Victorian London - Crime - Thieves - Fences


Our "official friend" having made an appointment to meet an acquaintance at a public-house in the neighbourhood of the Lane, proposes that we should accompany him. We acquiesce, and obediently follow in his footsteps.
"The house we are going to, says our Mentor, as he splashes through the mud, flinging the words carelessly over his shoulder, " is a noted one among the fences; there they pick up as much business in a day as at any other house in a week. A keen lot, there, I can tell you ; always ready for a job. Only give them 'the office,' and they'll make things snug and comfortable in less than no time. I go there sometimes myself, when -" here he wheels half round, and winks at us facetiously- "when I've got a little business up ; besides, the landlord's a friend of mine, one as I've known, on and off, this fourteen year." The term "friend" we remark to be somewhat frequent in the official's mouth, but generally with an accompaniment such as this: "What, Bates? Tom Bates? Bless you, an old friend of mine - know him as well as I do myself - had him in custody some seven year ago. Or, " Bill Simpson? Poor old Bill ! we were great cronies once ; nibbled him, though, in that affair of the stolen goods at Shadwell" -and so on; the speaker appearing, in his progress through life, to have grasped his friends-not by their hands, but their collars.
"Are there many receivers of stolen goods now?" we ask. "Lots," is the curt reply, thrown, as before, over his shoulder. "But we thought that the fence was a being almost extinct, and that the regular receiving, as a trade, was nearly done away with. Have we insulted our friend? We know not; but he halts abruptly, turns sharply round, and then, overcome by his feelings, leans for support against an adjacent wall, and gazes pityingly upon us. "Well, begging your pardon, if that's not about as foolish a remark as ever I heard. No fences! no receivers! Why, just walk down the Lane, take a turn about the neighbourhood--the alleys, courts, and all that, an' if I don't show you a dozen thieves to one fence, an' three fences to one honest man, call me a Dutchman. Bethnal-green lies over there, and, like the O'Mulligan, our guide points vaguely into the distance; "Spitalfields yonder, and Wentworth-street's close at hand - there are thieves on all sides of us. They do the work, but who gets the pull? Why, the Jews. And where do you find em? Here, of course-here, about Petticoat-lane. Having said thus much, our friend wheels round again, and with much complacency pursues the uneven tenor of his way.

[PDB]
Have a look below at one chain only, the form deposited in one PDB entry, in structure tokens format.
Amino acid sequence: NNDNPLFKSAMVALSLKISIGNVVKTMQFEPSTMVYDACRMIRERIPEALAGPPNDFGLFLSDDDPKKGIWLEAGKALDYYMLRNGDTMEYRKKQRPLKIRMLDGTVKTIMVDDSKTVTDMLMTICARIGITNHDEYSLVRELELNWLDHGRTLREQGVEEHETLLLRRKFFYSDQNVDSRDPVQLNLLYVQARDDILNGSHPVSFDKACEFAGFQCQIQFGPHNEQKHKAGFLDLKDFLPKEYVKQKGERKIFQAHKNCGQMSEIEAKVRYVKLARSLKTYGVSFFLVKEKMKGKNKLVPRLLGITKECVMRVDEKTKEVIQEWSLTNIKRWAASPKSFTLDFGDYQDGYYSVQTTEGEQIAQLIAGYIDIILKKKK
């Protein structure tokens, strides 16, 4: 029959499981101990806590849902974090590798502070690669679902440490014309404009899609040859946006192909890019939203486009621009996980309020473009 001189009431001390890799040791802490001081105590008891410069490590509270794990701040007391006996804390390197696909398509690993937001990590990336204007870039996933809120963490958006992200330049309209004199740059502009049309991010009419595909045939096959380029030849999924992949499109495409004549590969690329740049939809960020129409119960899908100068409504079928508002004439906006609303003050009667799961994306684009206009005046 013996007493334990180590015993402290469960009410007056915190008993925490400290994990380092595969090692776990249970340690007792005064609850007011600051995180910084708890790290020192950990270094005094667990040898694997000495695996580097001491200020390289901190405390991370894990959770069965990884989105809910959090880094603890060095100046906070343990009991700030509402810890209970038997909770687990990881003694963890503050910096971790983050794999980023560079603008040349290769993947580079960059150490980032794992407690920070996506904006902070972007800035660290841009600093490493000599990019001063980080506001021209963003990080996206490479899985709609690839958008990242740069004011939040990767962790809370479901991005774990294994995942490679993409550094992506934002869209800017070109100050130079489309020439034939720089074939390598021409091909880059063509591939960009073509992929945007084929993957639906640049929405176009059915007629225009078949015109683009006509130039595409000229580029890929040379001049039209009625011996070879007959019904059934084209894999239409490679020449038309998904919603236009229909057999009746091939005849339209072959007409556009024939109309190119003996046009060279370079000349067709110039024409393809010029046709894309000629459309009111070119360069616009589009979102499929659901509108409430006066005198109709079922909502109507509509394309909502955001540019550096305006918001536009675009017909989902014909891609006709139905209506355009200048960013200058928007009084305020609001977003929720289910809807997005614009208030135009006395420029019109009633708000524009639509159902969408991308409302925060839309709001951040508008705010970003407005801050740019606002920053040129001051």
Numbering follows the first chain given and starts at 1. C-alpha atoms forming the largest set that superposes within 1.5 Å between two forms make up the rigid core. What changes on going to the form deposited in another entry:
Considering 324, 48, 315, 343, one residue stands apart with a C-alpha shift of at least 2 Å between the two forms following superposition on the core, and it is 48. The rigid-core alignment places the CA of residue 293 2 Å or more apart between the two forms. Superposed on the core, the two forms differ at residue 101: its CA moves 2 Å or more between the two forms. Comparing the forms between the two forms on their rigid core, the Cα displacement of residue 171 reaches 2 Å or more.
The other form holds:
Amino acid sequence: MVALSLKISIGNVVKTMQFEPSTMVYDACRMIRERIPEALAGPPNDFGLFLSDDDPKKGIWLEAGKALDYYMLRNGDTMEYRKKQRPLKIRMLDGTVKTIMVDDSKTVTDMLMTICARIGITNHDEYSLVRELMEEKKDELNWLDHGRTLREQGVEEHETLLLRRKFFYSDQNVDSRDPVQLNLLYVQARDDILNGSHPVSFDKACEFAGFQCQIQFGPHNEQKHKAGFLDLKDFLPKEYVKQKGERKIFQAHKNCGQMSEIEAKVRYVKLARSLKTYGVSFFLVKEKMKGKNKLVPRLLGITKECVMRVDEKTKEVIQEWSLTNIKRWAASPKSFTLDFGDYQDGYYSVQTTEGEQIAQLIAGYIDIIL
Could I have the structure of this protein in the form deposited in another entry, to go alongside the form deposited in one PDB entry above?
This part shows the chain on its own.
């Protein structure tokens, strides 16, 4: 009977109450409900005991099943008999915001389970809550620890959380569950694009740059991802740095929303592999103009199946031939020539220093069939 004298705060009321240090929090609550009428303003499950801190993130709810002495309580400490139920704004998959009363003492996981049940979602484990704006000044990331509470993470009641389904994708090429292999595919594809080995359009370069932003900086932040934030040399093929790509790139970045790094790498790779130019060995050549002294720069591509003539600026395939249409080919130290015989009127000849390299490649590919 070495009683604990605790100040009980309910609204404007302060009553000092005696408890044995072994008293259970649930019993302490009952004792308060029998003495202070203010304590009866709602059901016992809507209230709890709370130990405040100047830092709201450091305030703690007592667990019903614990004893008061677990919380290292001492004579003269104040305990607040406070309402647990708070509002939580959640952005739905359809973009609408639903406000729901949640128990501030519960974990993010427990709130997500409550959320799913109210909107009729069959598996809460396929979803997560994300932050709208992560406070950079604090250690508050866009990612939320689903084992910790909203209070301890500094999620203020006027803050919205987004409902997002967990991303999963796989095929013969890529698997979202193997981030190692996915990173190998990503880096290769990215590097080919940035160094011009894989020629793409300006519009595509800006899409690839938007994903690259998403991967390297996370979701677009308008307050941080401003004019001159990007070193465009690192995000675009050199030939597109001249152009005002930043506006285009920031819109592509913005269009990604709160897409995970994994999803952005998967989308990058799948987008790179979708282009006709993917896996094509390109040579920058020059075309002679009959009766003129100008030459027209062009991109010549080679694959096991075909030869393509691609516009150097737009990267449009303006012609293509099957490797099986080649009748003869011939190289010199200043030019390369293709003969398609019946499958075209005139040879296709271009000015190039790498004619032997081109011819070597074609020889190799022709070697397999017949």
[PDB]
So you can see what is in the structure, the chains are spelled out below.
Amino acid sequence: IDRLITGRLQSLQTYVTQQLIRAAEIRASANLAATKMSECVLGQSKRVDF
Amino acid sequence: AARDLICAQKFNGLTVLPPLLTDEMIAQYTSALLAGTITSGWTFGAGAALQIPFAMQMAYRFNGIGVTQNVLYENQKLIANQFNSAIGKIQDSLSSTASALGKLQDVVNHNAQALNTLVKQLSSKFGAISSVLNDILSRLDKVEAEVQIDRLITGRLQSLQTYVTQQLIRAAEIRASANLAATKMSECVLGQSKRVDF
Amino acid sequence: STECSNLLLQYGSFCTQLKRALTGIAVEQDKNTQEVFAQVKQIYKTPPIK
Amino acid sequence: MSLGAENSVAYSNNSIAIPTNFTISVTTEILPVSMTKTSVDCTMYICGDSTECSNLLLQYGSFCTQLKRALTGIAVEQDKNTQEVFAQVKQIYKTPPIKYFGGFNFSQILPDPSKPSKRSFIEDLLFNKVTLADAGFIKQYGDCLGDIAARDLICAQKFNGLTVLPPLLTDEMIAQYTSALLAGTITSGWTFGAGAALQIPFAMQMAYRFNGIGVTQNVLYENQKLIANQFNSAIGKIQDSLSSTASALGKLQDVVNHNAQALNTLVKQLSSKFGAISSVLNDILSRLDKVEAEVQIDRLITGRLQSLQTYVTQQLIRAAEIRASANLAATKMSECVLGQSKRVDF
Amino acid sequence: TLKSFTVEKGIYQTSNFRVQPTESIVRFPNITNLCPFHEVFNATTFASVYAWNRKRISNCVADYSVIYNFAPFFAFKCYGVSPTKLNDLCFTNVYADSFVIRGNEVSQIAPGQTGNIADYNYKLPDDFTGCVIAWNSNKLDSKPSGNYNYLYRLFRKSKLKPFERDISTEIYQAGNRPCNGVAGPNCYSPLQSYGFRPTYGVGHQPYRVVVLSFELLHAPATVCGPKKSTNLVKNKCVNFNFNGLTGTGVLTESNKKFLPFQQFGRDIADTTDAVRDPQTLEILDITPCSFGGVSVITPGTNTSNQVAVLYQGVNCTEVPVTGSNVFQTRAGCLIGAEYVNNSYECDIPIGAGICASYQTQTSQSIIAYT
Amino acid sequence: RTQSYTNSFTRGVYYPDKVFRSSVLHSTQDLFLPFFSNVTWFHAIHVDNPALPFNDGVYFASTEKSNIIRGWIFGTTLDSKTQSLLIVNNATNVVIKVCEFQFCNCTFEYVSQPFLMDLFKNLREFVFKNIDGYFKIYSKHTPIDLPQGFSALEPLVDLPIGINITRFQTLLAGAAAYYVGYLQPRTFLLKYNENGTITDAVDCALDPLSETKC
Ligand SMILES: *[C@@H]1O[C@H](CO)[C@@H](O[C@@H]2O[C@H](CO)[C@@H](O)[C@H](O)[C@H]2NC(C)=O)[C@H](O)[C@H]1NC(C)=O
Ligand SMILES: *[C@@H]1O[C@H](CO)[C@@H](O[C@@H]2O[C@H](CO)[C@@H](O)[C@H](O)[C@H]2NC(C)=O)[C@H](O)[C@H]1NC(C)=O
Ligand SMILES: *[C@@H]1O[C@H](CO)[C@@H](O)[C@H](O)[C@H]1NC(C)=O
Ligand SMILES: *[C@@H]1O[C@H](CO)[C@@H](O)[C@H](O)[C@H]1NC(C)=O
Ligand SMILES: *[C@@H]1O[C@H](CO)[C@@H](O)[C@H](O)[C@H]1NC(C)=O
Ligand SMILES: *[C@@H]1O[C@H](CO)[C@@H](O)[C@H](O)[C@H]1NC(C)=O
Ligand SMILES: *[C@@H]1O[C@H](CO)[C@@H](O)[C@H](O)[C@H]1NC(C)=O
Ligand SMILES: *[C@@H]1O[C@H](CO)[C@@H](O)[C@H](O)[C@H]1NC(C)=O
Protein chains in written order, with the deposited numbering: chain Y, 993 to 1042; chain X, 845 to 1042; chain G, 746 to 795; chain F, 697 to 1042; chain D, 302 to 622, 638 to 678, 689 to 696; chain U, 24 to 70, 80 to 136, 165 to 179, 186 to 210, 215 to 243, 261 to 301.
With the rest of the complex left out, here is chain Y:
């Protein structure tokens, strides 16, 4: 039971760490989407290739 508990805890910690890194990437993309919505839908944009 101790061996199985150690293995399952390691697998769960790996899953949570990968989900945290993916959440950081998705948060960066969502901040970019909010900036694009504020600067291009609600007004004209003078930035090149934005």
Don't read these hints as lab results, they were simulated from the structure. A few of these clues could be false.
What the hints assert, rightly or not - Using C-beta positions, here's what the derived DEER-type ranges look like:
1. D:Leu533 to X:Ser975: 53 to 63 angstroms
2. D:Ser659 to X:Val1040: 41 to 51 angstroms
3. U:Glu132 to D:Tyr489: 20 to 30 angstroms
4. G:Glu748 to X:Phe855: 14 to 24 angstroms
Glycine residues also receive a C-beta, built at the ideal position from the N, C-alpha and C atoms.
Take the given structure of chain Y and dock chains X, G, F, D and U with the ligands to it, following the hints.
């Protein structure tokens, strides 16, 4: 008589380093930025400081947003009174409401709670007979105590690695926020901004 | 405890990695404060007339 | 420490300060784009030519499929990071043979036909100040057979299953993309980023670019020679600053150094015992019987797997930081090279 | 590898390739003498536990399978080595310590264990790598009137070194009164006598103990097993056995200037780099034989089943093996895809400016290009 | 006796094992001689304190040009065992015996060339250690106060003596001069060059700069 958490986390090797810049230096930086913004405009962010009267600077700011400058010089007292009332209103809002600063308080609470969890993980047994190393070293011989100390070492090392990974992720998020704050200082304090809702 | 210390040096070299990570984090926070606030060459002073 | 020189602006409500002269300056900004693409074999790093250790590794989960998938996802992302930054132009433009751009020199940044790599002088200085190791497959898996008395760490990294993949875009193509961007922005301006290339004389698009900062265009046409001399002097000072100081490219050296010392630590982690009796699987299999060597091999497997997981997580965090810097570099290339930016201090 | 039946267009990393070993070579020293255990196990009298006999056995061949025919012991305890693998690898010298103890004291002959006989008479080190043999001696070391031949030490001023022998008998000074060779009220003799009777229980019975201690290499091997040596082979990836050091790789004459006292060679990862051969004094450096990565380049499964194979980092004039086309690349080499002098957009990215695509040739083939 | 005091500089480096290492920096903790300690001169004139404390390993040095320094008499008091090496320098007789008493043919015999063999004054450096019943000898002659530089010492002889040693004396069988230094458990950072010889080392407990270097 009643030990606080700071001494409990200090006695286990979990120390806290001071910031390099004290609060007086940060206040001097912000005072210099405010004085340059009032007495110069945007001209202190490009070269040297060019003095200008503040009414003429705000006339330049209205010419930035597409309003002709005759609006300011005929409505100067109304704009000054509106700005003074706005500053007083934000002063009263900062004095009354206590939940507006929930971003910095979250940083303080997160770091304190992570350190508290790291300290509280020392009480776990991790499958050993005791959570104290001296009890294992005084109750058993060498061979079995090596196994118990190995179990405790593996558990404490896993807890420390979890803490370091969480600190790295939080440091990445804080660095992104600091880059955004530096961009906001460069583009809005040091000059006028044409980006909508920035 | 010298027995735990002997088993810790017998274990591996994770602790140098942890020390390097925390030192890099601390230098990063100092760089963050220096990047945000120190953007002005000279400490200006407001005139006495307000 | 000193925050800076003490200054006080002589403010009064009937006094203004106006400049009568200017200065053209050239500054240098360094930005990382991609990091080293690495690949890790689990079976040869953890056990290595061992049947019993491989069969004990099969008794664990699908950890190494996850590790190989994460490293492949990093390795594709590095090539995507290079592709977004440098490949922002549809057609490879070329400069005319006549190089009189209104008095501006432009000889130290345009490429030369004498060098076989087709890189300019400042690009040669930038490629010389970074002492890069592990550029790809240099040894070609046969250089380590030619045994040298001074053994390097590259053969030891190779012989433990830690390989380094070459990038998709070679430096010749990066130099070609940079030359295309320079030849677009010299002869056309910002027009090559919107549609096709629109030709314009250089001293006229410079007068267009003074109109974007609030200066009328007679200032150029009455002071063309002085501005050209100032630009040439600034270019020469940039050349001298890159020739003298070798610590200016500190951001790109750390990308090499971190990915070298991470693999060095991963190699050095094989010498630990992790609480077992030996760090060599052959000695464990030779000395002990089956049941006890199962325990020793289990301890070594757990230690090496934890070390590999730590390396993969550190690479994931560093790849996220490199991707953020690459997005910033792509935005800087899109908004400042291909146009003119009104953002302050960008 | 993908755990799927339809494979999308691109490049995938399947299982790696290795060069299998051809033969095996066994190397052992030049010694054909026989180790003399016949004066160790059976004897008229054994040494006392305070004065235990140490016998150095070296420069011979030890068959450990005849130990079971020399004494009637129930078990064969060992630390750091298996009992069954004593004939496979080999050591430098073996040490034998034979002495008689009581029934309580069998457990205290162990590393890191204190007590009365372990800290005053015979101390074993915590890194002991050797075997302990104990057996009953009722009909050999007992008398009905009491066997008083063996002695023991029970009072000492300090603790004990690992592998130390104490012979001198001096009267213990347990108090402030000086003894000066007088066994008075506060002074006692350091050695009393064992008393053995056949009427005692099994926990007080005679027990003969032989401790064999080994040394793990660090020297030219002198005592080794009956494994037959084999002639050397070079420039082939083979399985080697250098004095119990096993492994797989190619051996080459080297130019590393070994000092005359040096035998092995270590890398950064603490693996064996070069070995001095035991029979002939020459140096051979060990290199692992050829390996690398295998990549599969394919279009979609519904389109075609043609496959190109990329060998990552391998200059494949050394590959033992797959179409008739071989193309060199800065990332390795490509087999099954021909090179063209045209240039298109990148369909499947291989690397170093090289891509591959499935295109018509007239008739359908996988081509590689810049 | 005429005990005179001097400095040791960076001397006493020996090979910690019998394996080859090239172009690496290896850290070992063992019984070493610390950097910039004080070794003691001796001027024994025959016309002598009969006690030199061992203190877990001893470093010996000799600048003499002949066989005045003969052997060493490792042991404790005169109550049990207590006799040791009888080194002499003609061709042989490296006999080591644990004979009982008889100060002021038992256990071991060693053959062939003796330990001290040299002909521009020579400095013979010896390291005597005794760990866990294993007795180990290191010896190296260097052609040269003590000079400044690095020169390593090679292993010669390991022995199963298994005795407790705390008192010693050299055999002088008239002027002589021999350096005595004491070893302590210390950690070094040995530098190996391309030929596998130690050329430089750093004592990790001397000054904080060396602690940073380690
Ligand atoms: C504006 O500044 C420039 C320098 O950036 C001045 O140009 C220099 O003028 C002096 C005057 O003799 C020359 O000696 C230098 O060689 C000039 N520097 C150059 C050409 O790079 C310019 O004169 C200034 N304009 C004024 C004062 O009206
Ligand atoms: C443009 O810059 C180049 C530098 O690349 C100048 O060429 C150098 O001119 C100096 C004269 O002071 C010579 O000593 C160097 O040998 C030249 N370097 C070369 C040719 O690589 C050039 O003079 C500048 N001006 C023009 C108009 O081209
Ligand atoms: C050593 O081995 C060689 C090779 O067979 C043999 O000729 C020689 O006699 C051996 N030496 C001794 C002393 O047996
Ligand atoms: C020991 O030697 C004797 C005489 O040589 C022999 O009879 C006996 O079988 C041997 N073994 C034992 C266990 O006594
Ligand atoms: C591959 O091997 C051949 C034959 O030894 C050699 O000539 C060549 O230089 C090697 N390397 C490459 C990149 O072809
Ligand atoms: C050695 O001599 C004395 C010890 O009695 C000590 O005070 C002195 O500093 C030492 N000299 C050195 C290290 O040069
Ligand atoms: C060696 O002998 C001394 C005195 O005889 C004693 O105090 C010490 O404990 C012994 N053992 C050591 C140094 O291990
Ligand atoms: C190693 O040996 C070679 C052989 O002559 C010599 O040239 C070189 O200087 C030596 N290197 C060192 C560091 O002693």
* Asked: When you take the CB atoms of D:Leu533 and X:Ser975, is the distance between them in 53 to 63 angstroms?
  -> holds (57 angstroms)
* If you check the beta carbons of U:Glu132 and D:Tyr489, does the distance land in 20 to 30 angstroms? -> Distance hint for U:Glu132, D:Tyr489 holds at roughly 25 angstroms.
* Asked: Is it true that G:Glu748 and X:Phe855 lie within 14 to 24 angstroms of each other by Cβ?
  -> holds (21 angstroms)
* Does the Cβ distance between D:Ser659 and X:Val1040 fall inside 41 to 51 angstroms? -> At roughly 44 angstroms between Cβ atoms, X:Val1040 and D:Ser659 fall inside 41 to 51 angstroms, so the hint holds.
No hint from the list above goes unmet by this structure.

The night is foggy, and the wet hangs in clustering dew drops, or drips from our hair as we walk; the night is foggy yet a brisk trade is still doing in the Lane and its neighbourhood. Lights show faintly in the shops, throwing a dim, uncertain light upon many things - chiefly upon the dirty faces of the owners, as they sit smoking among their merchandise, but failing to illumine the many recesses of their establishments, which, lost in a seemingly impenetrable darkness, lend a sinister and mysterious aspect to everything around. The banditti are still at their posts, lying in wait for you as you pass. One thrusts at us with an old saw, which, having lost its teeth from extreme old age, has assumed a formidable and sabre-like appearance, that we shudder to contemplate. Another pulls us within his doorway, and, unfolding several bandannas, of colours hard to distinguish in the sickly light and with the thick fog hanging about us, informs us, with winks and nods of much significance, that they are "very sheap." Escaping from this harpy, we stumble over a fat Jewess, who is busily engaged suckling an infant. We are confused, and stammer out an apology, but she never loses her presence of mind for a moment; snatching up a boot from a pile upon which she has been sitting-like a Suttee waiting for the fire-she dangles it before us, declaring that we shall have the pair for eight and six. We, however, declare as positively that we will not, and quickly avoid Circe and her cries.